I’ve been talking with a lot of Montessori families lately, and I’m finding that the question of how to provide for a Montessori work period for an older child, while also keeping an infant or toddler happy, is not an uncommon one. My youngest, one-and-a-half year old Elliot, has been in our Montessori preschool classroom since he was five months old, so I’ve had a bit of experience with this and thought I’d share what has worked for us.
First, some of the back story. If you’re not interested in all of that, you can scroll straight down to the big text for some tips for working with an infant or toddler in a Montessori Primary Classroom.
I set out to start our little, home-based Montessori school for two reasons: I wanted to continue to be my children’s primary caregiver, and I wanted my children to be able to attend Montessori at least from age 3-6. Financially, these two things just did not go together. If I wanted to pay for Montessori for my preschooler, I was going to have to go back to work outside the home, and this would mean regularly leaving my infant in someone else’s care. Being a trained Montessori teacher, I saw a simple solution: if there’s not a school that works for our family, why not make one myself? Continue reading
How about another round of moments from our week, a bit of the wonderful and a bit of the sometimes hard to appreciate, for balance? I’d love to hear about your week, too!
Plenty of baby wiggles
Community Care (midwife visit combined with get-together for mamas and partners with babies due in the same month)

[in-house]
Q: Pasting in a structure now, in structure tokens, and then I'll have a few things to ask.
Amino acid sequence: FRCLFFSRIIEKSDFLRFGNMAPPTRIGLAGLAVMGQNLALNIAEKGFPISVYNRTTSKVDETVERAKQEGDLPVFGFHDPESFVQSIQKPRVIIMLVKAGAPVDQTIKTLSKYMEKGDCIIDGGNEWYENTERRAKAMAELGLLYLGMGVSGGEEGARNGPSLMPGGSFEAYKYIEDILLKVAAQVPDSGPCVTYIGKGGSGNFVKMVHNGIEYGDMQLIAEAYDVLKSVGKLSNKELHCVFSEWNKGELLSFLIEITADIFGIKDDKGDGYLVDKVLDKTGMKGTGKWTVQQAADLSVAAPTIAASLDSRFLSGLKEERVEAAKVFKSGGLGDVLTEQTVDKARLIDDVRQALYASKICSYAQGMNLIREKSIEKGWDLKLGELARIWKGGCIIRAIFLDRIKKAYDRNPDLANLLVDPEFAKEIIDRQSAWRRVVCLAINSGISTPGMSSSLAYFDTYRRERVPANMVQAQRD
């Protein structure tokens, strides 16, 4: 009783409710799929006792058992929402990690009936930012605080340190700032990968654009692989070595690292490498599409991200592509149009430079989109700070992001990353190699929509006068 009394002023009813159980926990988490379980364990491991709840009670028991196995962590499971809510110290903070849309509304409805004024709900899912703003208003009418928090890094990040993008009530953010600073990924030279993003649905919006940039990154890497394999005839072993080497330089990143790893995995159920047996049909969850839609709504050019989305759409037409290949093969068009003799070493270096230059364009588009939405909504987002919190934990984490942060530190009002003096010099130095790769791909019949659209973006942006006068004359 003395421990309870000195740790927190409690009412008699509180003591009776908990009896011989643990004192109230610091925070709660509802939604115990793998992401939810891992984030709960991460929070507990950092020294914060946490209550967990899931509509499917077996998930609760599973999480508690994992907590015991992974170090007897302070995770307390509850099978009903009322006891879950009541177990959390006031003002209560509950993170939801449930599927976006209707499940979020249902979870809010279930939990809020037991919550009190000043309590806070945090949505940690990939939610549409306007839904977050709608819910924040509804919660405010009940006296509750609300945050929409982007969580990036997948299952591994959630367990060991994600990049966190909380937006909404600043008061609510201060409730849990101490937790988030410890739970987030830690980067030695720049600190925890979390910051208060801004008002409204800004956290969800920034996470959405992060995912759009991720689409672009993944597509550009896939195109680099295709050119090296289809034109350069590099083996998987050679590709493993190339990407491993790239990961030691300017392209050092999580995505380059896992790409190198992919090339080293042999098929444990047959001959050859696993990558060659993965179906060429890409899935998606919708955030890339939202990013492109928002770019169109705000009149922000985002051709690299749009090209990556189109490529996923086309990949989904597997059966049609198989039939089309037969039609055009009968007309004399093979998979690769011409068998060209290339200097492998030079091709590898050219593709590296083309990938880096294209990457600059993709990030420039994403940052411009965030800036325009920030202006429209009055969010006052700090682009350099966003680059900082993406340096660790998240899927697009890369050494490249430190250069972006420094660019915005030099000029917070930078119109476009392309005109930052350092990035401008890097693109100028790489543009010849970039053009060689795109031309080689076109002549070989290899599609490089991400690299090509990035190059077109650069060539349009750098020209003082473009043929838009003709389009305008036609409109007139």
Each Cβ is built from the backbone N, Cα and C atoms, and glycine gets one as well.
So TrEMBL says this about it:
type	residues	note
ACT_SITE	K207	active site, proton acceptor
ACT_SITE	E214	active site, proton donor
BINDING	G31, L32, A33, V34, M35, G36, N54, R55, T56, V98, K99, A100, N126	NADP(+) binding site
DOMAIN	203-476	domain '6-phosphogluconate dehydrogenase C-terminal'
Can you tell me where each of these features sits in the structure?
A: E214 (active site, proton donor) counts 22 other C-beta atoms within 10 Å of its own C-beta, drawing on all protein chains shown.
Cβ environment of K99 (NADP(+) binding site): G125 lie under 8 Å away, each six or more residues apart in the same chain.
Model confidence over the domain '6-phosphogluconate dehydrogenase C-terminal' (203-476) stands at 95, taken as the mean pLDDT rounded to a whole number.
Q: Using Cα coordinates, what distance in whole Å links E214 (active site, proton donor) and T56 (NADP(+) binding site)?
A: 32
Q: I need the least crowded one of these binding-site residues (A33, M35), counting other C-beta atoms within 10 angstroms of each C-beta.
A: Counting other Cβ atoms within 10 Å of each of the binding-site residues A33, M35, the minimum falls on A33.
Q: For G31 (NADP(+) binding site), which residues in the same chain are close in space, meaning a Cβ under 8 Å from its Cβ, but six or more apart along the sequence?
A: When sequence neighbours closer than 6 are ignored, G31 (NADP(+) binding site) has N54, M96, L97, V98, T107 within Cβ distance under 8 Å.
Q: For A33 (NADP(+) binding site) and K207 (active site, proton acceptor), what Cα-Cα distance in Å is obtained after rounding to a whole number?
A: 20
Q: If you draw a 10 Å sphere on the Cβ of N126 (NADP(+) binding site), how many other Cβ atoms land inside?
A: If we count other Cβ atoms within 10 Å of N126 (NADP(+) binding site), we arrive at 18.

A birthday circle followed by a teacher work day
A pleasant weather, let’s walk to the park sort of day
Watching A with her writing work, and seeing E’s sudden drive to “REEEEAD, PEASE!” all of the time (the more detailed happenings with these two is Continue reading
As it turns out, running a half day Montessori program does not mean working only half days. Between prep, cleaning, budgeting, record keeping, planning, and making sure our home stays ‘in compliance’ with licensing regulations, I find myself working pretty full days. Fortunately for me, it’s all quite enjoyable, really. I don’t mind doing paperwork, and I find that cleaning up and preparing the classroom for the next day can be a wonderful time to reflect on the day that passed, and set intentions for the one ahead.
By the time I sit down for my nightly computer time, however, I’m fairly well spent and rarely can I quiet my mind enough to write. I have titles and handfuls of words saved in multiple drafts, but I always find myself closing my blog and relaxing into something more passive, like reading articles and scrolling through my Facebook newsfeed. While I respect my mind’s need for this zoning out time, I do rather miss doing more regular blogging.
I was remembering some of the weekly blogging routines I used to have, and Joy Pockets, whose creator, Monica, eventually replaced it with ‘keeping it real,’ and I think that may be just the thing to get me jotting down at least a few thoughts at the end of each week. So, without further ado, I bring you some of the most pleasant moments of our week, as well as some of the most challenging.